4

Try the following example in an anonymous Apex window:

String s = '- Default - ';
system.debug(s.CompareTo('Banner')<0); // True
system.debug(s<'Banner'); // False
s = '/ Default -';
system.debug(s.CompareTo('Banner')<0); // True
system.debug(s<'Banner'); // true

Lexically, '- Default' is smaller than Banner because the '-' is smaller than 'B'. And the CompareTo operator works accordingly. But a regular string compare is treating the '-' seemingly as a special case, thus '- Default' is being treated as larger than 'Banner'. I'm guessing that Apex is treating the dash as a hyphen and excluding it from the comparison? It obviously isn't ignoring punctuation as evidenced by the '/' example.

I haven't yet found any documentation in the Apex reference or elsewhere that specifies what is going on here.

So my question is: Is this expected behavior, and if so, does anyone know where it is documented?

  • I had some VERY weird experiencing with string handling and an inbound email handler, where comparing two strings will return true, but if I try to cast the string to an Int it will fail, even though its a valid integer. – Steven Herod Jun 1 '13 at 9:48
  • Nice one! I played a bit, it behaves OK with test case narrowed down to '/', 'B', '-'. It starts to go bananas the moment you make '/x', 'Bx', '-x'. compareTo() returns same correct values in both cases (and they sort OK), it's "only" the < operator that acts weird. I've also noticed that '+' > '/' which is against ASCII table order. This stuff is so basic it should work irrespective of user's locale :/ – eyescream Jun 1 '13 at 23:31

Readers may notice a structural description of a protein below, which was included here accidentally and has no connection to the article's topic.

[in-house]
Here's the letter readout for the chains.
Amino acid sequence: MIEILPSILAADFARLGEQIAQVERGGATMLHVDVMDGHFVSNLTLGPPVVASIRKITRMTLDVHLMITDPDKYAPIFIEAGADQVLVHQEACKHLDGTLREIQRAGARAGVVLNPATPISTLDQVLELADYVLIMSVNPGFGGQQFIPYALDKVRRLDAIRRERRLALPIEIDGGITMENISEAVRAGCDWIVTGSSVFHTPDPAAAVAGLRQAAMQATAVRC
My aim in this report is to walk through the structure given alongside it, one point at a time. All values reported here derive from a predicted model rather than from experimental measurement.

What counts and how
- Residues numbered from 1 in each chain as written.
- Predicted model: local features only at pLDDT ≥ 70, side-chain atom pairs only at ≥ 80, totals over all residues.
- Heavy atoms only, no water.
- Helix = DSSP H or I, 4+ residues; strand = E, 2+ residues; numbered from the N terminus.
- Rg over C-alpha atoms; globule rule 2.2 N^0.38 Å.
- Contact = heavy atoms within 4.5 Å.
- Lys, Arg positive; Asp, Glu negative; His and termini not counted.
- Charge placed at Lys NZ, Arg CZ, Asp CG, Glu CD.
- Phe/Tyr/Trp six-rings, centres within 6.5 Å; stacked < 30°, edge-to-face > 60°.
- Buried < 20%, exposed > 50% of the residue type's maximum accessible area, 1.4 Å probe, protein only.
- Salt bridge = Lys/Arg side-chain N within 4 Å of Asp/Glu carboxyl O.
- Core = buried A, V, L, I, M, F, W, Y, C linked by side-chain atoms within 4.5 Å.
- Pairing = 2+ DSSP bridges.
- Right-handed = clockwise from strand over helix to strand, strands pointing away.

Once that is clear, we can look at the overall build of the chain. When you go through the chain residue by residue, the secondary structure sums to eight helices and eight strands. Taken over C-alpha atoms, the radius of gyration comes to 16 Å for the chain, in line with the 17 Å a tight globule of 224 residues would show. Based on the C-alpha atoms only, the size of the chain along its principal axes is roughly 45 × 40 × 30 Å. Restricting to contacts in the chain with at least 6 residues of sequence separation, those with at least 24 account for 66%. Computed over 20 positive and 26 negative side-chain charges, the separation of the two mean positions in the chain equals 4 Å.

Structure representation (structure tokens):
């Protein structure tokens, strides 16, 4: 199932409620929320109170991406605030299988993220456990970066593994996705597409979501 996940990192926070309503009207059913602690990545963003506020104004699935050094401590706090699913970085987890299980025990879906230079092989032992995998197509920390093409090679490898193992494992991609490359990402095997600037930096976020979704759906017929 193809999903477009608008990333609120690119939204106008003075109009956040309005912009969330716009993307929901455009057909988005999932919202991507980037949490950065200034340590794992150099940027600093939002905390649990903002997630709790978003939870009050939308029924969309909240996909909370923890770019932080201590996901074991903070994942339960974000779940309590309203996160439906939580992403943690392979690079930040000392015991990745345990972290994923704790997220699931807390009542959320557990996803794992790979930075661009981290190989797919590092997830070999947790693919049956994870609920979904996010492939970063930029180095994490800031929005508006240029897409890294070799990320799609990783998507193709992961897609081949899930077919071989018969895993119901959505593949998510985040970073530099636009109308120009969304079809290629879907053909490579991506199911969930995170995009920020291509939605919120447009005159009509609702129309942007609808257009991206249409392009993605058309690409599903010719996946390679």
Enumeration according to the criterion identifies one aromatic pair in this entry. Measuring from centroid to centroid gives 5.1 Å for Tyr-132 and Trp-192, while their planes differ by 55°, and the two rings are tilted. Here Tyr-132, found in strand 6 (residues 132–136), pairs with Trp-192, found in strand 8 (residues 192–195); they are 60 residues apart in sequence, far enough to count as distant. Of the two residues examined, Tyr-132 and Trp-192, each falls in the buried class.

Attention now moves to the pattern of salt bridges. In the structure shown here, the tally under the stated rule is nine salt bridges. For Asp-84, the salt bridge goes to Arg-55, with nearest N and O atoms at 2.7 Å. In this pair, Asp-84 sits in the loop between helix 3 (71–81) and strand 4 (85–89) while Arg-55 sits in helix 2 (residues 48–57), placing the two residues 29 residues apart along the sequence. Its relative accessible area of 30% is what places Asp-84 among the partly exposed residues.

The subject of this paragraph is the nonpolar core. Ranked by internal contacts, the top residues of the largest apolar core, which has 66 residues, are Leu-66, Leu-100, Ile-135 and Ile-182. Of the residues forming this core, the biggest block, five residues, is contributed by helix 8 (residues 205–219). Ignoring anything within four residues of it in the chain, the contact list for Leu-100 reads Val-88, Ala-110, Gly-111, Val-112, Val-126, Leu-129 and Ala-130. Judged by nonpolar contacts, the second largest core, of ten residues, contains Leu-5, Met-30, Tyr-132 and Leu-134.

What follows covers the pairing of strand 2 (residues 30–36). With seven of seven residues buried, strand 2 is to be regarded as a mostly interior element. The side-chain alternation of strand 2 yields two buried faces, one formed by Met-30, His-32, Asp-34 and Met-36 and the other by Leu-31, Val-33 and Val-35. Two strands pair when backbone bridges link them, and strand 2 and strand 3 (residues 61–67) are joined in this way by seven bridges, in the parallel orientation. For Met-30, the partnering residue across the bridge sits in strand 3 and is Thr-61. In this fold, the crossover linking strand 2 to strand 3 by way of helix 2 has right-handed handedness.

2

The Apex docs do state that comparison of strings using <, >, <=, and >= is performed according to the user's locale.

Java has a class Collator which performs locale-sensitive string comparisons. I compiled this simple class and received the exact same results as your Apex less than comparisons:


import java.text.Collator;

public class TestCollator {
    public static void main(String[] args) {
        Collator myCollator = Collator.getInstance();
        System.out.println(myCollator.compare("- Default - ", "Banner") < 0); // False
        System.out.println(myCollator.compare("/ Default -", "Banner") < 0); // True
    }
}

I am honestly not certain of the relationship between Apex and Java, but if Apex logical comparison of strings is implemented to follow the behavior of Java Collator, then I would venture a guess that the results of your Apex code are expected behavior. It's certainly not the result you or I would have expected without further documentation by Salesforce, but it seems plausible that it's the intended result.

| improve this answer | |
  • Thanks - I think you got it. Definitely not obvious. – kibitzer Jun 4 '13 at 2:56

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